While the smaller offshore domiciles have remained static, the BVI continues to add notable numbers to its captive community. Including the 59 credit life companies, the BVI captive count is now over 140. Group captives, in particular, are proving increasingly popular.

Since the introduction of the pioneering International Business Companies Act in 1984, the BVI has developed into a leading offshore financial services centre, with some 300,000 non-resident companies registered. Many blue-chip international service firms have been attracted. The domicile regularly undertakes programmes to expand its financial services offerings to meet the needs of international financial markets. In line with BVI tradition, such programmes are developed in close consultation with the private sector.

Among the advantages offered by the BVI are: British Dependent Territory status; political and economic stability; US dollar currency; a legal system based on English law; and freedom from restrictions and over-regulation. BVI literature adds that: “firms can draw on state of the art telecommunications, infrastructure and support services, and on a well trained management and workforce. The BVI enjoys one of the world's highest literacy rates, at 98%, and has developed a wide range of specialised programmes to train its people in financial services skills.”

In terms of captive incorporation, there are various benefits to consider. The capitalisation requirement is not onerous ($100,000 for general business, $200,000 for long term, and $300,000 for both), and general fees and costs (including those charged by professional advisers) compare favourably with other captive domiciles. Indeed, costs are such that even reasonably small captives are able to operate as a single unit on an economical basis. Since most BVI captives are incorporated as international business companies, they enjoy tax exempt status and there is no requirement for local directors to hold board meetings in the BVI which can result in considerable savings in both cost and time.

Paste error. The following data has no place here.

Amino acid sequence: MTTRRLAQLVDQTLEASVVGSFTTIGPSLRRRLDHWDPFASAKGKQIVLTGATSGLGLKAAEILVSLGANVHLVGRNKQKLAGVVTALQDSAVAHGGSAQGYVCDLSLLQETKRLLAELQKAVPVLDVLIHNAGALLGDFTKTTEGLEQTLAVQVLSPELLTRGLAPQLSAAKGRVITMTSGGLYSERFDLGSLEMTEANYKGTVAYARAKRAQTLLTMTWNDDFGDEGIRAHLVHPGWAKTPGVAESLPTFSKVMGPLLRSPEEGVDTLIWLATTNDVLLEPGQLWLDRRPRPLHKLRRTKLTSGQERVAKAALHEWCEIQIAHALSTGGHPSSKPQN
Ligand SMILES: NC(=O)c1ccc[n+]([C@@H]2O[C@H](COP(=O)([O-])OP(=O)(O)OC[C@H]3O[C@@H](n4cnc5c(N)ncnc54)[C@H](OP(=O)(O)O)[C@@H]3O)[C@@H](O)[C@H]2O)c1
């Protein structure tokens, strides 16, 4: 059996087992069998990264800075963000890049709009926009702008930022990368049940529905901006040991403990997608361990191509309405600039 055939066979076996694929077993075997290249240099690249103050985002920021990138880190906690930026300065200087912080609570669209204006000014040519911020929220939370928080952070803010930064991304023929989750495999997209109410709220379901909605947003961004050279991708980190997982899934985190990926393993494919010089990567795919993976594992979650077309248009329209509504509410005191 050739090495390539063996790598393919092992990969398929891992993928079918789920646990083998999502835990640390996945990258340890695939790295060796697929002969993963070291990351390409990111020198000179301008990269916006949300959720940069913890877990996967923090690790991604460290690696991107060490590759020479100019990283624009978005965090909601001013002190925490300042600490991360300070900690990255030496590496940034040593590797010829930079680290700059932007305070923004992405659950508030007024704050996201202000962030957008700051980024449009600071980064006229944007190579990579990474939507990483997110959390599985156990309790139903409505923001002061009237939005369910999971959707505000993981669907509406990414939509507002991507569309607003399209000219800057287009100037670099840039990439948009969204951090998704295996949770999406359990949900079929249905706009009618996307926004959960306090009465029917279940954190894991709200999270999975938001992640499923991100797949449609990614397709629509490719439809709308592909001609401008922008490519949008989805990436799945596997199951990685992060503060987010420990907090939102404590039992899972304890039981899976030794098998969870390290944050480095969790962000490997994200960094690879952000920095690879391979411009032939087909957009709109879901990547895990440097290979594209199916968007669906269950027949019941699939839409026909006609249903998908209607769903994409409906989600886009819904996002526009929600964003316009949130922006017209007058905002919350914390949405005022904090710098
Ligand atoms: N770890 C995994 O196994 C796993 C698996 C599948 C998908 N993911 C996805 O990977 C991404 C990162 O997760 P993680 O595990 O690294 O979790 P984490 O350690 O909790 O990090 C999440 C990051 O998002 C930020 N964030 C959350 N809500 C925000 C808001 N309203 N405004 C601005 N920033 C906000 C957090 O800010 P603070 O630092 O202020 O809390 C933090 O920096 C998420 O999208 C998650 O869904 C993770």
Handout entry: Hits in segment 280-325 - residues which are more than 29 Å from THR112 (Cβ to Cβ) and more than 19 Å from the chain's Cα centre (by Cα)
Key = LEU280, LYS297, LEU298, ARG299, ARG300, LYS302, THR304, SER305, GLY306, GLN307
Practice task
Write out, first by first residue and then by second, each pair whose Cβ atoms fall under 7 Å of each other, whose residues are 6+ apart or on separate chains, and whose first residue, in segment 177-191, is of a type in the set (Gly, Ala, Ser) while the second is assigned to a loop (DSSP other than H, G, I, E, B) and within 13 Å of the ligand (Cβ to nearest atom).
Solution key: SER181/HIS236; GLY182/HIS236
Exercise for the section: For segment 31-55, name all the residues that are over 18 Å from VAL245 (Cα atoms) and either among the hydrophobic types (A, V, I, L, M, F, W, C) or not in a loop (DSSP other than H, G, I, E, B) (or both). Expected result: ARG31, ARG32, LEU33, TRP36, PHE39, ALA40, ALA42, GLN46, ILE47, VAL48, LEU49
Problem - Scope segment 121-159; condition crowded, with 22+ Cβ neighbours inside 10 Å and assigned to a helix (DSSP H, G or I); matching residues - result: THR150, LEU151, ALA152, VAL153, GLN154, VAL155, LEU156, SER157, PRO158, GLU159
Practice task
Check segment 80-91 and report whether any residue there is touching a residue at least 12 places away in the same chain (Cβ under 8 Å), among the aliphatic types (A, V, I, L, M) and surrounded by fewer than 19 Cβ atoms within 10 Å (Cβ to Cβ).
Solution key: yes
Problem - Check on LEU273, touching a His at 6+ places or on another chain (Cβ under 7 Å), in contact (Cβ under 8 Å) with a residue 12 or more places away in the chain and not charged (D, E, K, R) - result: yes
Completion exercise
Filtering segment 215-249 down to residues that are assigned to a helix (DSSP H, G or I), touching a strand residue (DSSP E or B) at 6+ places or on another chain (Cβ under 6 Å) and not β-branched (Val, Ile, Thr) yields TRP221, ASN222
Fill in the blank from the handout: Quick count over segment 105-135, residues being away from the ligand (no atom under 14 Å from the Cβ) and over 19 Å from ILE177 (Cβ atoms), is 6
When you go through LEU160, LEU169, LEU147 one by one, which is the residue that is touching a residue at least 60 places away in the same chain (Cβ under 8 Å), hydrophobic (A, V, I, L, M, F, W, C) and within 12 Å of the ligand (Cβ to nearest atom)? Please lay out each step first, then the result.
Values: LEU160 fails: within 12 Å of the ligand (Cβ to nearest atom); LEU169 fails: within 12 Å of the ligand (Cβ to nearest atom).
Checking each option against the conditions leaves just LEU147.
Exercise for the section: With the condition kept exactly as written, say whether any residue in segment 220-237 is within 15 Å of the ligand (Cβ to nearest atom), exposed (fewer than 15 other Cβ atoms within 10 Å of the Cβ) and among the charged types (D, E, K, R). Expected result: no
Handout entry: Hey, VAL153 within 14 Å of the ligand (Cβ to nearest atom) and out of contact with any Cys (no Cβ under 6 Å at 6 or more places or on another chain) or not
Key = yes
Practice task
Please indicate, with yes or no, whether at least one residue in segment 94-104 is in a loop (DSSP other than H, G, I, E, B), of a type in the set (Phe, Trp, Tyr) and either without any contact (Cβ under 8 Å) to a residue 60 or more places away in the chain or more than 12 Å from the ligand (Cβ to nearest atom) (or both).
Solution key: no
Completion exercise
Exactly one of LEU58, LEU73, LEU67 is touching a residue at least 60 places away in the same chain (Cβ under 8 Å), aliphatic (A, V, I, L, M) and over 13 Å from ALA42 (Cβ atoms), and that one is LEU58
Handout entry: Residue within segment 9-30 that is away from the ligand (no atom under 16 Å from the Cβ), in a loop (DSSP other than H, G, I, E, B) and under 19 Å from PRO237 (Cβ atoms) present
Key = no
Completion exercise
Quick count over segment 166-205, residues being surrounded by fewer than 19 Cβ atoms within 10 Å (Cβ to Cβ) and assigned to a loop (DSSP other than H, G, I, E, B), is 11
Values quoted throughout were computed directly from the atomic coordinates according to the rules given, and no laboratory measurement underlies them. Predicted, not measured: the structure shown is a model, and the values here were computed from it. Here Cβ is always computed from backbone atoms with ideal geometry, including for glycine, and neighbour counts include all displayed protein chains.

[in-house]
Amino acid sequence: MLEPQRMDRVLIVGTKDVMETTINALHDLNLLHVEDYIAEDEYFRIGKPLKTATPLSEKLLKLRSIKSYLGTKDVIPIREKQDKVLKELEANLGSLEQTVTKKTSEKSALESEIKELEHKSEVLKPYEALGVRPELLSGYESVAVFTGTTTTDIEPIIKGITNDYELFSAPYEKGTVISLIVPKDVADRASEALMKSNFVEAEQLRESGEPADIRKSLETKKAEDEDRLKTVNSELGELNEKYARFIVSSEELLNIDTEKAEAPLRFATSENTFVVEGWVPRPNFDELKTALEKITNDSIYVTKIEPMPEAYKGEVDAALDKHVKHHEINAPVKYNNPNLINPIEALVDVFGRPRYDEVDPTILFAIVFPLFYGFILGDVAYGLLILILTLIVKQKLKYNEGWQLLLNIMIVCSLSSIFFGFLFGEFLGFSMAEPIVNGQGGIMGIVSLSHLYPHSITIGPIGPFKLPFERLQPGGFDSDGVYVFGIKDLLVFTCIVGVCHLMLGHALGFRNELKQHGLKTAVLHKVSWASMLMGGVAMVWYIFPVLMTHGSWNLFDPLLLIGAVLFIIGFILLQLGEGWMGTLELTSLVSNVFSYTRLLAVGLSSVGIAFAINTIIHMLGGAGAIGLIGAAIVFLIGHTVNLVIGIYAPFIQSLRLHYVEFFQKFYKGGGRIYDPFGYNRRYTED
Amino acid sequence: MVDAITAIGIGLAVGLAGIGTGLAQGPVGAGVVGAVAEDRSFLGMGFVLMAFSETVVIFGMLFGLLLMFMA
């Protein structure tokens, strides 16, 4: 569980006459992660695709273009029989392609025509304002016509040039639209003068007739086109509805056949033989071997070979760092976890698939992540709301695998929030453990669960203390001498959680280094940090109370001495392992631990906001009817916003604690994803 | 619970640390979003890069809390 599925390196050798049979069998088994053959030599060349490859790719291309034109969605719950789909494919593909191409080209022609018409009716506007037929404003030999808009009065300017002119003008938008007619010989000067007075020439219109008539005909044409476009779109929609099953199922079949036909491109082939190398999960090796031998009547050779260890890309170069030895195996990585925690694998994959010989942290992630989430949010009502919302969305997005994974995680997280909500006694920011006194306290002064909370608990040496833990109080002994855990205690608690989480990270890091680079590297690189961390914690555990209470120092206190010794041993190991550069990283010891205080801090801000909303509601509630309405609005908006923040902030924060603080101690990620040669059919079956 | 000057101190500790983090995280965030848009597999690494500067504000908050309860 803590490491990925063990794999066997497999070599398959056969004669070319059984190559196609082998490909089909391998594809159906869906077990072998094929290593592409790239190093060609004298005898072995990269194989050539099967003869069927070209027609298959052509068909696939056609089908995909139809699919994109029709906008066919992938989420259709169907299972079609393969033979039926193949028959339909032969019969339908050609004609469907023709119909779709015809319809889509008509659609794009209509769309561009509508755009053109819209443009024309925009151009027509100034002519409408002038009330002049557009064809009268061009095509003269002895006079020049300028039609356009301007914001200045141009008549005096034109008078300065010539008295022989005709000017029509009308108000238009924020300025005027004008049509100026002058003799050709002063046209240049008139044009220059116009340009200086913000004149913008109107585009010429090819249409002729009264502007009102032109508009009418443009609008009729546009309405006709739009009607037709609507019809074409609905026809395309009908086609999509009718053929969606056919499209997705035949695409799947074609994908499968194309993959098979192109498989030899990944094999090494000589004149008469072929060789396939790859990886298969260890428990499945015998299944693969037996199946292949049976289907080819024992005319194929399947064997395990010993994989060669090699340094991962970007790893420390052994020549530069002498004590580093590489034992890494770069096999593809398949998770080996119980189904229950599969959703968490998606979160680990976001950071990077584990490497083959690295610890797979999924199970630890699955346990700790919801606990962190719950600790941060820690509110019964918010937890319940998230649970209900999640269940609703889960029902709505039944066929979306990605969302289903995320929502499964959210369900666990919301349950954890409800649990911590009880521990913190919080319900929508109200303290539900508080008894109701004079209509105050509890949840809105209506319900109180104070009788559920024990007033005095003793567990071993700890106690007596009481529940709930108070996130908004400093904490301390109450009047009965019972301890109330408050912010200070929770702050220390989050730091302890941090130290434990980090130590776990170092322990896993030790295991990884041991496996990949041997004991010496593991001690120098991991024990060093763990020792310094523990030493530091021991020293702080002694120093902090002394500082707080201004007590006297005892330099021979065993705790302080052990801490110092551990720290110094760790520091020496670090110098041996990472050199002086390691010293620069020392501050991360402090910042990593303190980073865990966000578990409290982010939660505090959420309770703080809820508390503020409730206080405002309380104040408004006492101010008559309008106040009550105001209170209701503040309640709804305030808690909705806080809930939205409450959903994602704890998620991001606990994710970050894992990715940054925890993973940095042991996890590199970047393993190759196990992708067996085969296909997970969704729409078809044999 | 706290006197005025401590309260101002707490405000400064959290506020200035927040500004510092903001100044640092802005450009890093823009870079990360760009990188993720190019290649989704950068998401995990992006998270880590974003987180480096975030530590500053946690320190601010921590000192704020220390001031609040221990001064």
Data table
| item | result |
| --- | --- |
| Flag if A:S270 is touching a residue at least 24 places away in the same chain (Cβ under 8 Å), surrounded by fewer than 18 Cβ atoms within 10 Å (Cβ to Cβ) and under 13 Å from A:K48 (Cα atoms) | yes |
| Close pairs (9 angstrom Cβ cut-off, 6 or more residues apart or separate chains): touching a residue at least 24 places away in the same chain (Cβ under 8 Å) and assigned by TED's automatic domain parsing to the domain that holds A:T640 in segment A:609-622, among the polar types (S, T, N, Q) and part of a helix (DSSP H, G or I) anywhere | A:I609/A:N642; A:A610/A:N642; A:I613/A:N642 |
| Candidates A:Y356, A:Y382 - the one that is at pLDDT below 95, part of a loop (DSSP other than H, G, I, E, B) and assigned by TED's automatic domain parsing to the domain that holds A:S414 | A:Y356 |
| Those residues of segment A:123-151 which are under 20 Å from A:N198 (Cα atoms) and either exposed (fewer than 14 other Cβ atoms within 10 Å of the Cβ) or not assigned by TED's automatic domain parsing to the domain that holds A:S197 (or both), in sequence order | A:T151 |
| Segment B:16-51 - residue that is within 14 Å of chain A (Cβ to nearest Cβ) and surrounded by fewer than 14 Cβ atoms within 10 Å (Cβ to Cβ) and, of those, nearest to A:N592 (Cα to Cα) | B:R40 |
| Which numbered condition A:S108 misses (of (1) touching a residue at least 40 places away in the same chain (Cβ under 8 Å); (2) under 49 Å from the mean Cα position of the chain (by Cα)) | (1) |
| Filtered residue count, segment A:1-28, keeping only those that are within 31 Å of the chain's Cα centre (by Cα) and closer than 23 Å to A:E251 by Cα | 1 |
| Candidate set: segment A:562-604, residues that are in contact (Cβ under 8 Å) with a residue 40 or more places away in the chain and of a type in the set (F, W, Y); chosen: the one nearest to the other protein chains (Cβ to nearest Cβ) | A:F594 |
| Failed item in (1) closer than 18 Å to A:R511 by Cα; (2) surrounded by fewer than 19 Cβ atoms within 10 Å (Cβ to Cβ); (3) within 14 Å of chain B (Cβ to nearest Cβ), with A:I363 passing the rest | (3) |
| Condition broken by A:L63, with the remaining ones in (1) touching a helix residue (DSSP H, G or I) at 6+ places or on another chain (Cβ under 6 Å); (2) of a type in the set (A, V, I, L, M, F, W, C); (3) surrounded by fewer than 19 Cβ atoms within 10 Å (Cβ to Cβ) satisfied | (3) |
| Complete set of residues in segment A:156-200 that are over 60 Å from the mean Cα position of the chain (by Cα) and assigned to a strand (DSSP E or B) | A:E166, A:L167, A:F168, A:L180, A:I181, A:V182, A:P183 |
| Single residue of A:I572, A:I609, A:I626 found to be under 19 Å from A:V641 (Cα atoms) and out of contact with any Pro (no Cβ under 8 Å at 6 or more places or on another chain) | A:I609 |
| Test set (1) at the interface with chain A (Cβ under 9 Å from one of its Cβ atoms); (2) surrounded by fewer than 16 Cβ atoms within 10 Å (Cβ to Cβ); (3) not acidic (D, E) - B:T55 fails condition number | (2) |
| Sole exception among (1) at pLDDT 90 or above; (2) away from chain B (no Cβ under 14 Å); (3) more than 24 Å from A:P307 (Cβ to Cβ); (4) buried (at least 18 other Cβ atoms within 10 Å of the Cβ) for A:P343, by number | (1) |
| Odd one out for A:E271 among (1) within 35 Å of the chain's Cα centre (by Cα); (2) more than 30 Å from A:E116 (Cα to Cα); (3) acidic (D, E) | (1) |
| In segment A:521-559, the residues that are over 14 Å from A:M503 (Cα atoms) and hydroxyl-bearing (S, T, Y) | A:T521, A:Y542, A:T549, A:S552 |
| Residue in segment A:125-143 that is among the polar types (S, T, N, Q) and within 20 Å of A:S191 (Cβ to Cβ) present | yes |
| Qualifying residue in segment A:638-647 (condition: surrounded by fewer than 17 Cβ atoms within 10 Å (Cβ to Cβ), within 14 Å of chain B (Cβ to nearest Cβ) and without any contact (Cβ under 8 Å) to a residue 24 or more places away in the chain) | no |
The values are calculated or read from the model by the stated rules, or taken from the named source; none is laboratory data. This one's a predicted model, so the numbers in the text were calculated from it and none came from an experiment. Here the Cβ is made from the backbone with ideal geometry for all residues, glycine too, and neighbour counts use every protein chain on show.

“Quality service and vigilance” is the domicile's motto and it is no empty promise. The last ten years have seen the BVI build a reputation for being scrupulous in its regulation, innovative in its legislation, responsive in its relationship with the business community, and conscientious in the delivery of high quality service. For example, while insurance legislation ensures a large degree of flexibility in captive business plans, prudent supervision is guaranteed.

The BVI regards this reputation as its most important single asset and is very protective of it. In addition, the domicile is resolute in its efforts to prevent and combat commercial crime, providing appropriate gateways for justifiable disclosures of information to assist regulatory and law enforcement agencies in the investigation of criminal activities.

This has been written into law and incorporated in the BVI's Insurance Act, Bank & Trust Companies Act and Company Management Act.This does not mean, however, that tax information will be exchanged with any tax authority, inside or outside the BVI, or that “fishing expeditions” by any external authority will be tolerated.

Because of the domicile's integrity, flexibility and and responsiveness to the interests of the financial community, it has become the only Caribbean Overseas Territory to which the British Government has devolved responsibility for developing and managing its own financial services industry.